Ch-Ch-Changes

I have taken notice of my recent fit of posting music videos and  realized that getting not only some of the bone chips off my cranial nerves, but also more of the residue of heavy metal from my mercury fillings out of my inner ear makes music much more enjoyable. There are times when sound has been sufficiently painful that  talking is unpleasant, never mind comprehending what I am hearing, while music has often been flat-out agonizing .

I have also found myself wondering recently how much of  my short circuiting in music lessons was due to my hypersensitive and precise ear. I really did not realize how picky I was until I started wandering about on you-tube. It is great in that I can find all sorts of obscure music I remember liking. It also gives me a basis for comparison. I discovered that genres of music are irrelevant, I have very eclectic taste, but I do like very specific musicians.  And while those musicians are not necessarily popular, they are recognized by their peers as being exceptional.

I appreciate their artistry, understanding it is a whole other question. I don’t learn by rote very well, so it shouldn’t surprise me that music lessons confused me in much the same way I was flummoxed by geometry, given that the Greeks thought they were aspects of the same thing (click here for that post). What I was hearing and what people were saying was not matching up for me, so it was a great relief to find out things like the frequency of A is not an absolute but really does vary as much as my ear has always claimed. There are at least three different standard frequencies for A in western music that I have seen:

  • A=432 is the ‘natural’ note for the Pythagorean Greeks
  • A=435 European
  • A=440 American

My first question , of course , is WHY?

It turns out that every culture that has a distinct musical tradition recognizes and tracks  two different qualities in sound  in different ways (click here for a great synopsis).  One quality is the actual frequency of a note, the other is the patterns of  relationship between those frequencies. These patterns include:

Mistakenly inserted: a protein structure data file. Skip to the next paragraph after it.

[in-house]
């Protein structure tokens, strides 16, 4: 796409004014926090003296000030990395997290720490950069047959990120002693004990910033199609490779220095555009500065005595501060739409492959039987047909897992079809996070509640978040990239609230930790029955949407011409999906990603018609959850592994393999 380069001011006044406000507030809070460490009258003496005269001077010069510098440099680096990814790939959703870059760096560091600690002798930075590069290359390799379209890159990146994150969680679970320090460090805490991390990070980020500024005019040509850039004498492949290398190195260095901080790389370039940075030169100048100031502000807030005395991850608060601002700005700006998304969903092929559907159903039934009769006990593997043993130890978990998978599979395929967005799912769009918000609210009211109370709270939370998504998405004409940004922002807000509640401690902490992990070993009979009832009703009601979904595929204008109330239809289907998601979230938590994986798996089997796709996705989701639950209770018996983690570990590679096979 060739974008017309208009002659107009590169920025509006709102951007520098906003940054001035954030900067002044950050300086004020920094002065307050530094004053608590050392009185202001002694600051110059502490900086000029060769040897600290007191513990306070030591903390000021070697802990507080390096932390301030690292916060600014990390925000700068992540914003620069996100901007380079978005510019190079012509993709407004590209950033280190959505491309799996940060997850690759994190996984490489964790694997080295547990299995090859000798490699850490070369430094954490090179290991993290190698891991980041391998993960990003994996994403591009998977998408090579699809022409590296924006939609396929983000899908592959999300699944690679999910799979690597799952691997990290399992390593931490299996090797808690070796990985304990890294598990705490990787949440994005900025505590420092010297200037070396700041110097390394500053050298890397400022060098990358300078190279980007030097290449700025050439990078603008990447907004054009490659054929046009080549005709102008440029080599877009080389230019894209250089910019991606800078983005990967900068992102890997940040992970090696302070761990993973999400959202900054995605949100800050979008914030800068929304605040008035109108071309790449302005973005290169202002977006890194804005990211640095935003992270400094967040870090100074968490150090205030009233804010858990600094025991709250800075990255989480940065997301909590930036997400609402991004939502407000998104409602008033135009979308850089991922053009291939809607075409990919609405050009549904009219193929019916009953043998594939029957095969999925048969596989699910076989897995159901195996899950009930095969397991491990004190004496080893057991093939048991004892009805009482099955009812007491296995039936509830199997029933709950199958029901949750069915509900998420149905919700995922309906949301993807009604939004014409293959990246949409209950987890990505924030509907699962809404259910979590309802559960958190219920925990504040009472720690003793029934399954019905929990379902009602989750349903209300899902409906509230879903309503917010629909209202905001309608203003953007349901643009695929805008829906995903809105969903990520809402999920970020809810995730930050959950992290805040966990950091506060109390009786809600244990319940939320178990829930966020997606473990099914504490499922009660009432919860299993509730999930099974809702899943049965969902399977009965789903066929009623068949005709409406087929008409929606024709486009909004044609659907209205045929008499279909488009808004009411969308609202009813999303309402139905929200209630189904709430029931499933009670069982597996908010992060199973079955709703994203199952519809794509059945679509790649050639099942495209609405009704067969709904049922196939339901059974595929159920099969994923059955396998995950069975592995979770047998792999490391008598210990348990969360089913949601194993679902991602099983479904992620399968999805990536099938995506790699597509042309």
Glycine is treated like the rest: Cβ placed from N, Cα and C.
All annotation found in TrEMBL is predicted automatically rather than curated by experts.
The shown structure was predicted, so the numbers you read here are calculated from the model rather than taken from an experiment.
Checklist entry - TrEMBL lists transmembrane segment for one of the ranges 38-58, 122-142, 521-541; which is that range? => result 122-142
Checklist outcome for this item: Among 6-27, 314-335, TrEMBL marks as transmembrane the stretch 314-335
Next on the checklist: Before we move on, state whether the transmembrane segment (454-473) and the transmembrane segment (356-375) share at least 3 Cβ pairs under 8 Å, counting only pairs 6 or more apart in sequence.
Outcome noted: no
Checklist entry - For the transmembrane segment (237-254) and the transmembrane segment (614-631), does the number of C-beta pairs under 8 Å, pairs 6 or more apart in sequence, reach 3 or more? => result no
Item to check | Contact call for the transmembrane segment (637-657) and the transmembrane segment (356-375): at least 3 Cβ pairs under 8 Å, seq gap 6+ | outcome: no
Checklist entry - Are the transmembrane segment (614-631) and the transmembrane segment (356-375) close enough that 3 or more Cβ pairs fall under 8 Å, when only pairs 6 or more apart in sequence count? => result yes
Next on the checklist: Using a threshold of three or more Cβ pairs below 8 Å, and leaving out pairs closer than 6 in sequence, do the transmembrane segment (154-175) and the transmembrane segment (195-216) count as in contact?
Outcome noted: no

• Greek tetrachord, 4 notes
  • pentatonic scale fixed 5 notes
  • pentatonic sliding- first note and its perfect fifth are fixed, the other three vary depending on what effect you want
  • octave which is 7, 8, or 9 notes depending on what you are intending.
  • chromatic-12
  • Arab- 16
  • Hindu 22  Shruti or degrees
  • Persian 24

In Western music the octave is usually taught as 8 notes but it can be:

  • One of seven major scales with seven tones that are whole and half tones which are the white keys on the piano or
  • the melodic minor scale that has two forms, an ascending and descending for a total of 9 notes or
  • harmonic minor scale that fixes the frequencies of  the above minor scales which are the black keys on the piano

It turns out that a remarkable number of notes are not fixed frequencies in practice. String, wind, and even percussion instruments as well as our own voice are all pretty adaptable in terms of frequency. I think the correct musical term is modulate. You can slide  up and down a bit to get the effect you want with most instruments and in most scales. Changing the frequency of A had to do with the invention of the even-tempered clavicle or the piano as in the piano each note is fixed. You hit a key, you get a note, a specific frequency.